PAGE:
The World Health Organisation (WHO) is seemingly unwilling or unable to explain its research behind the decision to make “gaming disorder” an addictive behaviour.
This comes as professor Andrew Przybylski – a social science researcher at Oxford University with a focus on video games – reached out to WHO in an attempt to understand how it came to classify gaming disorder, and the specific research the organisation conducted.
Przybylski shared WHO’s email response with NME, which reads: “It is challenging if not impossible, to document and communicate the rationale and justification for [the gaming disorder] decision.”
WHO links to a minimal amount of research – found here – and Przybylski is concerned that this isn’t nearly enough publicly available data to justify the decision blanketing gaming disorder as an addictive behaviour, as it appears to completely ignore his and others work that disputes the decision.
“Moving from [a] research construct to formal disorder requires a much stronger evidence base than we currently have,” said a co-authored paper from Przybylski in 2018. The paper also urged “WHO to err on the side of caution for now and postpone the formalization” of the term, due to this informed understanding of a lack of research on the topic of gaming disorder as an addiction.
“I would think that if a decision is important, you would have a list of articles that you’ve read,” Przybylski added. “Or a list of books, or datasets”. As a player himself Przybylski doesn’t even know what WHO defines video games as, saying: “What someone thinks games are – or aren’t – is a really important question, if you want to study or understand or make claims about the effects that games might have on mental health.
Przybylski also criticised “the idea that games are all uniformly in some way addictive,” adding that he is unaware how WHO defines an activity “a third of the planet does all the time”, or how it decides that activity is unsafe.
Gaming disorder is deemed a “clinically recognisable and clinically significant syndrome,” by WHO, which added the addictive behaviour to the ICD-11 in 2018. It adds: “When the pattern of gaming behaviour is of such a nature and intensity that it results in marked distress or significant impairment in personal, family, social, educational or occupational functioning.”
The ICD-11 (International Classification of Diseases 11th Revision) is used by medical practitioners around the world to diagnose conditions, and the inclusion of a disorder therein aims to help countries form public health strategies to combat them.
Whilst Przybylski agrees with WHO and understands that gaming addiction is a real issue for some, he is critical of the inclusion and definition of “gaming disorder” as a term. Saying the WHO is “either not willing, or they’re not able to” justify it as an addiction, and provide him with the breadth of research it cited above as supporting its introduction into the ICD-11.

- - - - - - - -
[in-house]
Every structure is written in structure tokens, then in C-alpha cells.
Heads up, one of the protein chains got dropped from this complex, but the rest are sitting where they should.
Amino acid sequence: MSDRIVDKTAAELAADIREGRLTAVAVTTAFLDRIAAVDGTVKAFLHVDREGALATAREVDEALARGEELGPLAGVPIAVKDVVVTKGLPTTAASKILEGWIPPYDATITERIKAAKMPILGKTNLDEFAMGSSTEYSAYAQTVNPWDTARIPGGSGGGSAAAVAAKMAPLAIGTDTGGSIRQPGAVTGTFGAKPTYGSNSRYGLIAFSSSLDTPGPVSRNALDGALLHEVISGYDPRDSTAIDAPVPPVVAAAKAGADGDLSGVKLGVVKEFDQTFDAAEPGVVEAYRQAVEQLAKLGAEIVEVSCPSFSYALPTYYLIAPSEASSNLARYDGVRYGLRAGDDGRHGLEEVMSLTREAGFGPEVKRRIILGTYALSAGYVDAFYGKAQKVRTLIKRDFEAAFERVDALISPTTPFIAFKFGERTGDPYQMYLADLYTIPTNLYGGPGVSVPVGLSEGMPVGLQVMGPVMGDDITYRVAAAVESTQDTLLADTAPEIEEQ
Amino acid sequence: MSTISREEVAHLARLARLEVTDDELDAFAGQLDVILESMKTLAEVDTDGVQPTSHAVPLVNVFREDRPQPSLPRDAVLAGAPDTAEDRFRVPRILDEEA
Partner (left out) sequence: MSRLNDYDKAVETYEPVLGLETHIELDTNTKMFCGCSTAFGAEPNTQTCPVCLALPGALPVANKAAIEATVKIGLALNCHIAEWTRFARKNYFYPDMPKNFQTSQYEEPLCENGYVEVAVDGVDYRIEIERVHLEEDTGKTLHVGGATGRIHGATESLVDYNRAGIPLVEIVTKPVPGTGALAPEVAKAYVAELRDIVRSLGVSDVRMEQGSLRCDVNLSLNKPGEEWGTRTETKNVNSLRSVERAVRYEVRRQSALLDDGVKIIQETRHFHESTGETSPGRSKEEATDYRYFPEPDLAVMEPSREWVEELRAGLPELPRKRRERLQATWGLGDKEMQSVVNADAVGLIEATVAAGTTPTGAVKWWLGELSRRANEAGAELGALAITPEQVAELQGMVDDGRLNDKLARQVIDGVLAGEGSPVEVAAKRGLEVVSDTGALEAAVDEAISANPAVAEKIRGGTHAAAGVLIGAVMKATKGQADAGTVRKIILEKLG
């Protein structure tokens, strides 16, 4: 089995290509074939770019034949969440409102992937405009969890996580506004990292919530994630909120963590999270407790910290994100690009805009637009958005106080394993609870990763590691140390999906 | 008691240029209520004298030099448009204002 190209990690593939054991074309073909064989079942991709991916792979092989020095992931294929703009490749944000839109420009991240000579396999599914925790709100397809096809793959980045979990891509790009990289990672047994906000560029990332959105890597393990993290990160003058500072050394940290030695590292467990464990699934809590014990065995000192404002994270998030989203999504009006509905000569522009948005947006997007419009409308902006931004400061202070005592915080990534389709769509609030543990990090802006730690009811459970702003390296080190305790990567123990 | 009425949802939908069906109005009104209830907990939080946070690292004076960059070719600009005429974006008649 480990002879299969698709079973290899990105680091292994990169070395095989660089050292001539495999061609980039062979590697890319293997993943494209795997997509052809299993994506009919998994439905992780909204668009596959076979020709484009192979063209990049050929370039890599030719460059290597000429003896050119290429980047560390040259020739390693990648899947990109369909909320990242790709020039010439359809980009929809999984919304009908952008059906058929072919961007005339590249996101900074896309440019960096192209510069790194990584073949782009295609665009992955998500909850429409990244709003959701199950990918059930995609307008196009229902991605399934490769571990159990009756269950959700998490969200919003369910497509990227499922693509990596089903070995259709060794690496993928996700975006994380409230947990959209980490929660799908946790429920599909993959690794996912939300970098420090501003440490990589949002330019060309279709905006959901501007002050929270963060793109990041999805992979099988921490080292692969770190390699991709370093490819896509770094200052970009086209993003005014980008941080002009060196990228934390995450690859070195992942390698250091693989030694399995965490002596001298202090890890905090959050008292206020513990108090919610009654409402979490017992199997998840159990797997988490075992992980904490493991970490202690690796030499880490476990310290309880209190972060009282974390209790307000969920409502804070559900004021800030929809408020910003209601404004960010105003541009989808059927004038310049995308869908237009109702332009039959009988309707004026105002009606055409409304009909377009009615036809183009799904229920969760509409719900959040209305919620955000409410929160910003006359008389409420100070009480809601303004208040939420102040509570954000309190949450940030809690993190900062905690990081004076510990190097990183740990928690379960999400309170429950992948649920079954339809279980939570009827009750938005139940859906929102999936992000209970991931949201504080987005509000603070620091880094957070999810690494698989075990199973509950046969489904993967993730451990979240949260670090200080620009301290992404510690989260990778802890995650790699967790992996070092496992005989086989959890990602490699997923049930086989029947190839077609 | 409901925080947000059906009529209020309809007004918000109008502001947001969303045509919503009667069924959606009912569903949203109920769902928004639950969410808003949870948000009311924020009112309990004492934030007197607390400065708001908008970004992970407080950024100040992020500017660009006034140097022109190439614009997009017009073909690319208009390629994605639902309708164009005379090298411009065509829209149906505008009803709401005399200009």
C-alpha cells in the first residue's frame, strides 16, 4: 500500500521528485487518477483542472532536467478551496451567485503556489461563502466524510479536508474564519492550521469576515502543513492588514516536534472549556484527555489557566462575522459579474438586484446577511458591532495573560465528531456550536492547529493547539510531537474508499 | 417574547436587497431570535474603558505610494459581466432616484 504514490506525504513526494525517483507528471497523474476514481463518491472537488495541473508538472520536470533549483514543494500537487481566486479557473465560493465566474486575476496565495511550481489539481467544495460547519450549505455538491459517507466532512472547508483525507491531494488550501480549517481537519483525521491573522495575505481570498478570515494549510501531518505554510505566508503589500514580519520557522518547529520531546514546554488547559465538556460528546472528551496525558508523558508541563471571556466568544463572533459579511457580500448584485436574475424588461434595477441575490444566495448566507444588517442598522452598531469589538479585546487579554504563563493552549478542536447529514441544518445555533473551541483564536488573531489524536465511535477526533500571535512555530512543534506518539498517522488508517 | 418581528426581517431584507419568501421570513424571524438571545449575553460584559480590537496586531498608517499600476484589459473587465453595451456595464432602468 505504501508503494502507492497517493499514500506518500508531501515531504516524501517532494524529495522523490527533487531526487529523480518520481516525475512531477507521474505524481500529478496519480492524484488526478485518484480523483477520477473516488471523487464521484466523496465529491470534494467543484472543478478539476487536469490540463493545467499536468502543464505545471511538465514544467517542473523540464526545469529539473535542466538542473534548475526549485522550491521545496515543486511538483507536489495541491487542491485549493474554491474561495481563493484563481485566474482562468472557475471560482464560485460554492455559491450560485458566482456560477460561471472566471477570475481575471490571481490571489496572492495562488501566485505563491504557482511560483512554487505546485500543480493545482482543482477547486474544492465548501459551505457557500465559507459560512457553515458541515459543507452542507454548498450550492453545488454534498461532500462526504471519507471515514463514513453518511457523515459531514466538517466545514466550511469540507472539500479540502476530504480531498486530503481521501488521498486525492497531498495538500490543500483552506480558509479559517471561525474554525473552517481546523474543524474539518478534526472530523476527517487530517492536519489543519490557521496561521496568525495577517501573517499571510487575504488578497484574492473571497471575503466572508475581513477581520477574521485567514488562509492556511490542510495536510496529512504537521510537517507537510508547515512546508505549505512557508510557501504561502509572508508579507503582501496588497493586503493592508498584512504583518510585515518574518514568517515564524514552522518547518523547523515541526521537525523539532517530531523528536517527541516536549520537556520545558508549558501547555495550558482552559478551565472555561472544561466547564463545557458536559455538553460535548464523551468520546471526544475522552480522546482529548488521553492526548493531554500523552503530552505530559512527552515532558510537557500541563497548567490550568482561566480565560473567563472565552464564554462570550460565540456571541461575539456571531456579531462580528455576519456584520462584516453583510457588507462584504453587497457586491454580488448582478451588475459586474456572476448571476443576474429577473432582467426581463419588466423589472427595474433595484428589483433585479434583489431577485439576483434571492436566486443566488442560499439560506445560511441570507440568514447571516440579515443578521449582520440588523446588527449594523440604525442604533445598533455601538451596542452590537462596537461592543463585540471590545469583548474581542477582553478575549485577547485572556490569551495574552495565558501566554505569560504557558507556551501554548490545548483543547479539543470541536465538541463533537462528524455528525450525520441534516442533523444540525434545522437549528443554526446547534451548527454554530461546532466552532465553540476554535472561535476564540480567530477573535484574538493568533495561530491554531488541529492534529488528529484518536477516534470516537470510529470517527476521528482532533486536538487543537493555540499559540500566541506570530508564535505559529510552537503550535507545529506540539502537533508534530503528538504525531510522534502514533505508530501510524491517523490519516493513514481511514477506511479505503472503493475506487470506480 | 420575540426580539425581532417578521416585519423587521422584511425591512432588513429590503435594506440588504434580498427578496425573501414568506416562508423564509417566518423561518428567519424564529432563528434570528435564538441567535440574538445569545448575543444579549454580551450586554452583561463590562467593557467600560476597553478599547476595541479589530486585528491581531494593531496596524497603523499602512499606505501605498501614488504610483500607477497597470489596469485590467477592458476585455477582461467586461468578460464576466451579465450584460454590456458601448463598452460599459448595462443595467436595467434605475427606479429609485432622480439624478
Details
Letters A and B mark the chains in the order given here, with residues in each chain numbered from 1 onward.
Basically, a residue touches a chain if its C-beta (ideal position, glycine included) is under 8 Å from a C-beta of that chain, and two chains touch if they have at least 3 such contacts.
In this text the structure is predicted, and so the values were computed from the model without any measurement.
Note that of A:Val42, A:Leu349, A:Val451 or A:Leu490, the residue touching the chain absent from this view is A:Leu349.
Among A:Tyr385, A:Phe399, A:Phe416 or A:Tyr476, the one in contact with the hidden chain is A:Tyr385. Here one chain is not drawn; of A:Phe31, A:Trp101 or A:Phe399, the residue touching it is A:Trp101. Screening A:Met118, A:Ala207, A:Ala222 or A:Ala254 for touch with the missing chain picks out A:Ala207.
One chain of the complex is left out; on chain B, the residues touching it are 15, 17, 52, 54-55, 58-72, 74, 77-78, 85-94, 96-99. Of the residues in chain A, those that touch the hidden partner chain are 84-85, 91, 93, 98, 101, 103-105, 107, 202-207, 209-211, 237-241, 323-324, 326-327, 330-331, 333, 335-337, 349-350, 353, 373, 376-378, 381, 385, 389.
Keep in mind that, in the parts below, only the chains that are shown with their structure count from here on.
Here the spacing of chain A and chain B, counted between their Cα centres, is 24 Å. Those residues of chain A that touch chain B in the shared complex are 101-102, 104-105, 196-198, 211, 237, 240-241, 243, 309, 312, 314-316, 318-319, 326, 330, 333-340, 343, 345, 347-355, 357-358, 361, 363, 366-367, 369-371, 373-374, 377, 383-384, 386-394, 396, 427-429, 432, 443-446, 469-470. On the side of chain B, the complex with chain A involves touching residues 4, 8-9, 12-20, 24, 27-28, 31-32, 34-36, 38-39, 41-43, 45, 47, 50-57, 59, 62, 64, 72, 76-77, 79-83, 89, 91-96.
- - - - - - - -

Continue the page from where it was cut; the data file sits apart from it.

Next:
The WHO said to Przybylski in that same email that it “encouraged experts involved in the WHO’s work in this area to publish in the peer-reviewed literature,” and was “confident that you are aware of numerous publications on this matter.”
“I am, I’ve seen hundreds of articles,” Przybylski told NME in response. “I don’t know which ones are the convincing ones to that point […] What are the ones that merit the creation of a new psychiatric disorder?”
A question and answer webpage concerning gaming disorder as an addictive behaviour has also been removed from the WHO website, with the reason for this unclear. Whilst other data and information about the inclusion of gaming disorder as an addictive behaviour is available from the WHO, the original link leads to a dead page. It has been archived by the Wayback Machine, however, which says it was still online as of November 6 this year.
NME reached out to the WHO prior to the publication of this story, and received a response on November 18. The FAQ section on Addictive Behaviours: Gaming Disorder was moved, and not removed, it can be found here.
Vladimir Poznyak, the unit head of alcohol, drugs, and addictive behaviours at the WHO added that when speaking to Przybylski he said that “the latest edition of the International Classification of Diseases (ICD-11) contains tens of thousands of diagnostic entities, including multiple new entities or substantially-revised diagnostic categories, and it is challenging, if not impossible, to document and communicate through WHO channels the rationale and justification for each decision.”
“Every decision was taken by a very thorough process of review of the evidence, needs and practices,” which includes thousands of articles and work from the academic press.
Poznyak concluded by saying adding gaming disorder to the ICD-11 will “result in the increased attention of health professionals to the risks of development of this disorder, its appropriate diagnosis while avoiding overdiagnosis, and also relevant prevention and treatment measures.”